A Closer Look Amalie Benjamin’s piece about
Scott Wolfe / Mashpee
I just wanted to say how much I enjoyed Benjamin’s article. I always figured the Papelbon stare was at least as much about focus as intimidation, in part because of the way he purses his mouth while he does it, as one does do when thinking about something, versus the sort of bared teeth or frown that goes with intimidation. Thanks for an enjoyable read.
Kim Malo / Boston
You Really Got Me I’m a 79-year-old grandmother who had never heard of the Kinks until I read Geoff Edgers’s story (“Just Shoot Me,” April 11). Edgers must be so proud of all he went through to pursue his dream of reuniting the band. Just as his wife teared up when his film ended at the festival in Rotterdam, I, too, teared up when I finished reading the story. Bravo!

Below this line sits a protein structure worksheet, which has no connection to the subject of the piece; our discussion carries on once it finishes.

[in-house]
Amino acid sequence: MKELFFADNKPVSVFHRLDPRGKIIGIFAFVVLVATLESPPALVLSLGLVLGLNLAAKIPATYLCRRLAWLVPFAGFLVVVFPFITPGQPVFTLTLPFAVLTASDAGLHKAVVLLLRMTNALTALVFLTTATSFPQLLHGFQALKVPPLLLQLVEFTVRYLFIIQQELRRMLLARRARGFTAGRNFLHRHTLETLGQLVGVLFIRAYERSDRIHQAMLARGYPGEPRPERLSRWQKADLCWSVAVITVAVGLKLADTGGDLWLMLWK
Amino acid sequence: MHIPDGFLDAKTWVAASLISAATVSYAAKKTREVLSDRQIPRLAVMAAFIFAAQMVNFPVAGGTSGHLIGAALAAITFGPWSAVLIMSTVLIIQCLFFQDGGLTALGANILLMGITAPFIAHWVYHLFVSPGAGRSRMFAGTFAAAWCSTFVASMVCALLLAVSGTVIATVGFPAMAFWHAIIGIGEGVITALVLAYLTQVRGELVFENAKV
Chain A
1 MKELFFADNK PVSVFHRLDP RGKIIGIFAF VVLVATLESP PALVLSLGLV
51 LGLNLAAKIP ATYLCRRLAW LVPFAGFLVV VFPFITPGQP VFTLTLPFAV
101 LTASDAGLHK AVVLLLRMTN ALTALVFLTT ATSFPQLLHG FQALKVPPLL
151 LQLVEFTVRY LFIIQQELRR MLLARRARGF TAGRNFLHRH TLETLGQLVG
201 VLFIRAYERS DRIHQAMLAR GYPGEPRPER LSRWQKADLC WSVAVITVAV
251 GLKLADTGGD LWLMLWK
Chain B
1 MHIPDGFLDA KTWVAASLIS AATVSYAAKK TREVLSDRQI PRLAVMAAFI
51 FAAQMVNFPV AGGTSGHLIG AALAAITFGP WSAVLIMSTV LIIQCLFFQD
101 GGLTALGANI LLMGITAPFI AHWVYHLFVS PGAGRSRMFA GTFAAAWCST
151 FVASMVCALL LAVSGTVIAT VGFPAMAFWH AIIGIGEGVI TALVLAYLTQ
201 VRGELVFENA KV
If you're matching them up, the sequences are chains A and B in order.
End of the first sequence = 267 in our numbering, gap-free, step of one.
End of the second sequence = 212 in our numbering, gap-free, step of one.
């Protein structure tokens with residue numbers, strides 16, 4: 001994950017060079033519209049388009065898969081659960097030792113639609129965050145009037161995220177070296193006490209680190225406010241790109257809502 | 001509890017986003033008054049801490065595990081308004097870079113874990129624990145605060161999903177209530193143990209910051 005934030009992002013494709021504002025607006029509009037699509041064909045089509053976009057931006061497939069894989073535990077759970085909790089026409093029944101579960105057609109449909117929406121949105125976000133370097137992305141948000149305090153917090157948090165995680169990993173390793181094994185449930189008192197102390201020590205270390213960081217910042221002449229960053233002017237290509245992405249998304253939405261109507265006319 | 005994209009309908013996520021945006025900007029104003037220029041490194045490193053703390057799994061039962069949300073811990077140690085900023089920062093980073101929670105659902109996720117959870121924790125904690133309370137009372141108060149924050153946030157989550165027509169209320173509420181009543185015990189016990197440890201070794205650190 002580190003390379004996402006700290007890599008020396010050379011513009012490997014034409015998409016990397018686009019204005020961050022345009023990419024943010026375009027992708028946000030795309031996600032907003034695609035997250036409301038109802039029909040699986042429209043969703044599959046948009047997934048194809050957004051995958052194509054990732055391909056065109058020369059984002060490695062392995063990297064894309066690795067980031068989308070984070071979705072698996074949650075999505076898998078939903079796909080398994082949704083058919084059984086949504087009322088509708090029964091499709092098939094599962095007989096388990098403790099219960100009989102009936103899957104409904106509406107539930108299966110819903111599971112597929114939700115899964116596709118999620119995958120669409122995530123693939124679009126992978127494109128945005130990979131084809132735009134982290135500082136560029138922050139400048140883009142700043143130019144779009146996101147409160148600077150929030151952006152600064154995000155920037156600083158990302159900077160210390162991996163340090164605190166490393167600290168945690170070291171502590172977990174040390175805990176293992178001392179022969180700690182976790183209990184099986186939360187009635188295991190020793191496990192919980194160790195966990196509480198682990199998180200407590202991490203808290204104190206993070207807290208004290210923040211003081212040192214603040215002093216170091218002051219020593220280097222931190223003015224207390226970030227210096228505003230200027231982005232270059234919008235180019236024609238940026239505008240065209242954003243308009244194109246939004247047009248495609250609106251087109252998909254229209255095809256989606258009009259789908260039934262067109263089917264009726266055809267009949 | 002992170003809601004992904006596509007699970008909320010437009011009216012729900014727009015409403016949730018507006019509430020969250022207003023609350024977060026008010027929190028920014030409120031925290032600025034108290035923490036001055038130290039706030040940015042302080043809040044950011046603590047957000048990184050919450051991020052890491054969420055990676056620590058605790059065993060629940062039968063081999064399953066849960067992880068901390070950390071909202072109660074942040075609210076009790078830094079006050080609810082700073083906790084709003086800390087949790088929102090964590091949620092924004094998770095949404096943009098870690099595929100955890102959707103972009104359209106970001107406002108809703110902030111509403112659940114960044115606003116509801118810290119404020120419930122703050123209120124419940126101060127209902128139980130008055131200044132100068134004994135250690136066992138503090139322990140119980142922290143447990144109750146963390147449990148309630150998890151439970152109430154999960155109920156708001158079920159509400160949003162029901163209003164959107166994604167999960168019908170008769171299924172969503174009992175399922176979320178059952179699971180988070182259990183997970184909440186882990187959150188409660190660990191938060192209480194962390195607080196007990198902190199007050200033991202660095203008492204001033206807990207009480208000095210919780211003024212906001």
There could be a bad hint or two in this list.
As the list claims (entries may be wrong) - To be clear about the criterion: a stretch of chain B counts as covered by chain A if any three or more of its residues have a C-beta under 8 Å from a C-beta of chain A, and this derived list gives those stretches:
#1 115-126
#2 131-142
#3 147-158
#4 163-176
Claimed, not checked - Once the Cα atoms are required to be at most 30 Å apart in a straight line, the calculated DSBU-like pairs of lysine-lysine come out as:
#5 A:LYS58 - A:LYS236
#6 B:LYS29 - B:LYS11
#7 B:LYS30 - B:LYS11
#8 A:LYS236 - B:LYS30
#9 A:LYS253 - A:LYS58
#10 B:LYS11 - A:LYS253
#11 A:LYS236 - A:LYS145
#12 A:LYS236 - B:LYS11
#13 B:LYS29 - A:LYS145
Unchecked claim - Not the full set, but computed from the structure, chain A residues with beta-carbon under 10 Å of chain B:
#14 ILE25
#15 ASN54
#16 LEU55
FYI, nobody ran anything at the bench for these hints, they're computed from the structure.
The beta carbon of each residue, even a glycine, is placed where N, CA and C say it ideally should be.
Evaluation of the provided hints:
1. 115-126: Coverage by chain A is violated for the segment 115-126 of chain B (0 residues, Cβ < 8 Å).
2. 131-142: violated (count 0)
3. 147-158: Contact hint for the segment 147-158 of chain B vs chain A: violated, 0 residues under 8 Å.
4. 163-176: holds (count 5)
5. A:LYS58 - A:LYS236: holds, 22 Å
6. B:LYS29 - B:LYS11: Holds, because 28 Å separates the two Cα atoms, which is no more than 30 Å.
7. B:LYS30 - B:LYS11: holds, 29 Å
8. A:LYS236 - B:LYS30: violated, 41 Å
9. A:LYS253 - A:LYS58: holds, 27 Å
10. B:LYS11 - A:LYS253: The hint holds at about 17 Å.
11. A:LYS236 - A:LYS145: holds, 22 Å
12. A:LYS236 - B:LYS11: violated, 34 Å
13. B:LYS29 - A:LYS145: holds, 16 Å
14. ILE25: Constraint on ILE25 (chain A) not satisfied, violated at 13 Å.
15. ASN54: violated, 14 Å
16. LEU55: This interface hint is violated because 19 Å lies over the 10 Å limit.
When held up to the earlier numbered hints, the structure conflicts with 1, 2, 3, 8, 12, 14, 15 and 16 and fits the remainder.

Mary Ann McKenna / Lexington
Gathering Place Just imagine Charles P. Pierce making his argument (“All for None,” April 11) for saving local libraries 10 to 15 years in the future, when tablet-like devices (Kindle, iPad, etc.) have replaced the physical newspaper and book. Why will we need libraries for these devices, when lending can happen on a website ? Will the government realize the social and educational aspects of libraries, or will it look to the overburdened schools to solve that problem?
Dennis Ames / Danbury, Connecticut
Origins Sarah Pascarella’s Perspective column (April 11) gave me pause to think about the things that I’ve let go of. How interesting it is to consider the journey these items might have taken, or where items we’ve acquired might have been.
Jan Peters / Andover
All Creatures Kathy Nolan Deschenes’s essay (Coupling, April 11) articulated beautifully what it means to share your home with animals. My husband and I still feel the loss of our 15½-year-old black Lab, Covey, and reading this article helped us remember just how wonderfully caring animals are – to each other, as well as to those of us lucky enough to share in their lives.
Sandy Scagliotti / Hampton, New Hampshire